It was getting later, and soon a new group of siblings came in to help make the most of what would be Richard’s last night on earth. We spoke with him for a few minutes and he decided that he’d love to watch the movie, “Major League”. After a few minutes of research to find out what service actually had it and another few minutes of Dan and I working on getting Dan’s Wii hooked up to the TV, this was done and everyone settled in around Richard to enjoy a good movie. After my sister arrived later, I checked and realized that I’d accidentally left my phone set to “Ignore” while I was sitting with Richard, and that my wife had left me a few messages. Thanks to my sister’s generosity, I was able to get a ride home (as it was really late, and my kids were all asleep).
I gave Richard a careful hug and kiss, and left not knowing if this would be the last time I would see him. I went to sleep that night with Dan’s words ringing in my head, a casual reminder he’d given me that no matter how long Richard survived, someone would be here with him when God called him home.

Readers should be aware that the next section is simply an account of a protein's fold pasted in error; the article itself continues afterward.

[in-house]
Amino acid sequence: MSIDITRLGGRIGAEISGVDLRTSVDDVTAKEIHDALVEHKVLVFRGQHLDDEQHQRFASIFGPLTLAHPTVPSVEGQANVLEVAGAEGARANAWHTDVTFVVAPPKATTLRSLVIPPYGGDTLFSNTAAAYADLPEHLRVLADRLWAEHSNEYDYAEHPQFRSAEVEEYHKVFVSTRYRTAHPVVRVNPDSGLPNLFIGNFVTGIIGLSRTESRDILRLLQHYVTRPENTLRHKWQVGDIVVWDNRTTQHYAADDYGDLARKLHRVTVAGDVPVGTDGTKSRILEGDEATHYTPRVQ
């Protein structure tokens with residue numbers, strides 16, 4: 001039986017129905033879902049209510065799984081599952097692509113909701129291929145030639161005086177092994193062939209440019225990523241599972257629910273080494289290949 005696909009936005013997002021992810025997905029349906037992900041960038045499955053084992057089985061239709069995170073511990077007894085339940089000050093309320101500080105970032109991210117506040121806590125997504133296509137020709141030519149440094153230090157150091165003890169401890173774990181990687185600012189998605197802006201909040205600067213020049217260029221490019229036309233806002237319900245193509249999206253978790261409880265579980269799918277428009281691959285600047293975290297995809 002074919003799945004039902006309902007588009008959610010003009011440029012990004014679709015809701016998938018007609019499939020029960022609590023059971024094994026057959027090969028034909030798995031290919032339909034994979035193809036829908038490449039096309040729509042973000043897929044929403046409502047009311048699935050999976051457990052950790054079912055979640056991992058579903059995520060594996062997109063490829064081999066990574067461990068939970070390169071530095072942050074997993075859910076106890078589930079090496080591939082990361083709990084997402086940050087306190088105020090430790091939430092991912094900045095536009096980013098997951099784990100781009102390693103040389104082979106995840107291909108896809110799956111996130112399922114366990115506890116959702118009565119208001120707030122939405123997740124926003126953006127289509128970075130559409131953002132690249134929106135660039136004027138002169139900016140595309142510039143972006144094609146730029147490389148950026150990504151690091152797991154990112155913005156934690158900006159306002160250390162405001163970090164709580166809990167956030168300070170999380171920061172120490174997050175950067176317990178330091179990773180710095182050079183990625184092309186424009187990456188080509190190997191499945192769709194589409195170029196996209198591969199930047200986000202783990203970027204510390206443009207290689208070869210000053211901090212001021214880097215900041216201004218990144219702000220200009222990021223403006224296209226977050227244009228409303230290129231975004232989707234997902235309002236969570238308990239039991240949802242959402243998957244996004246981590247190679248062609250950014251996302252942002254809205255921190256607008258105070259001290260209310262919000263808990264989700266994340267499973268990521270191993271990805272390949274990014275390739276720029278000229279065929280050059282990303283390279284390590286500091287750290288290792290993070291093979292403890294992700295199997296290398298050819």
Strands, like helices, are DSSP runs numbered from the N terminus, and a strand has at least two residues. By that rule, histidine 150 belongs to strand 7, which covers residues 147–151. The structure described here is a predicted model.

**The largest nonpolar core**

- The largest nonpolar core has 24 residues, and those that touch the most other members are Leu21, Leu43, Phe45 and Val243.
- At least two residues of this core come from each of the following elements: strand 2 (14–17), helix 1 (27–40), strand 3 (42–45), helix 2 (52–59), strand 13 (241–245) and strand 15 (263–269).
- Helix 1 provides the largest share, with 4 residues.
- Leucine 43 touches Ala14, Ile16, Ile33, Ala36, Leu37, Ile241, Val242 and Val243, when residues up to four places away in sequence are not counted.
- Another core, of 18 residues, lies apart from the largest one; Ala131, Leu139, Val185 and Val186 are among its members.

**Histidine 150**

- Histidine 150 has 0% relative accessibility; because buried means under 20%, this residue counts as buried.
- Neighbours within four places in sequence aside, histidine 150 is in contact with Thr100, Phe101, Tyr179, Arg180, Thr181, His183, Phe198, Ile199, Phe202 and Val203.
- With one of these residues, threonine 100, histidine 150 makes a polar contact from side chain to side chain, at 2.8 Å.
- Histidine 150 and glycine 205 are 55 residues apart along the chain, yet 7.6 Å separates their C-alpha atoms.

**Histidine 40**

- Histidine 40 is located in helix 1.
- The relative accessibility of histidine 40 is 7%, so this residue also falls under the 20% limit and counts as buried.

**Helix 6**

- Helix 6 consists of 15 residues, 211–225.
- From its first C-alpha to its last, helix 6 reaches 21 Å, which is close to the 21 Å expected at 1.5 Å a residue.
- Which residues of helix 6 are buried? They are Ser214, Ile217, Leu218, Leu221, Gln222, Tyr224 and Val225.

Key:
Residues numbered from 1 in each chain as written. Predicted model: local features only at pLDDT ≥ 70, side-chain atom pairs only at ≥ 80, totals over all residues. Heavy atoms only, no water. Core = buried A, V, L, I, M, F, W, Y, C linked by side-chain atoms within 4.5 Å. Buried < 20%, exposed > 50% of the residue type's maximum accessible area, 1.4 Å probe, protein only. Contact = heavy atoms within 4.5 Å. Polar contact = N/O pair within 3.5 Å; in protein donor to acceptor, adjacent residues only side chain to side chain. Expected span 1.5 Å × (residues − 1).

The next morning, I had gotten up and tried to proceed as though it was a normal day. Twenty minutes after ten, I got a call from my brother Joe. Richard had passed on into God’s waiting hands. Joe knew I was at work, and told me that it wasn’t necessary to come home at the moment. I can’t tell you how much I wanted to leave, but I knew I wouldn’t have been able to do anything for anyone. I said a quick prayer, made arrangements at work to take off for Richard’s funeral, and tried to throw myself into my work. I honestly think I did more that day than the past week combined.
The day of the funeral came. We got the kids ready, packed them into the car, tied up the dog and made sure she had plenty of food and water, and set out. We helped guide Richard home one last time at a beautiful funeral Mass, and gathered with the family at my parent’s home.
I wrote this because I wanted someone to know that Richard died happy and in comfort, surrounded by love, that he would be deeply missed and sorely grieved by his family, by his parents, siblings, son, stepdaughters, nephews, nieces, great-nephews, and friends.
Rest in peace, Richard. God bless and keep you, today and always.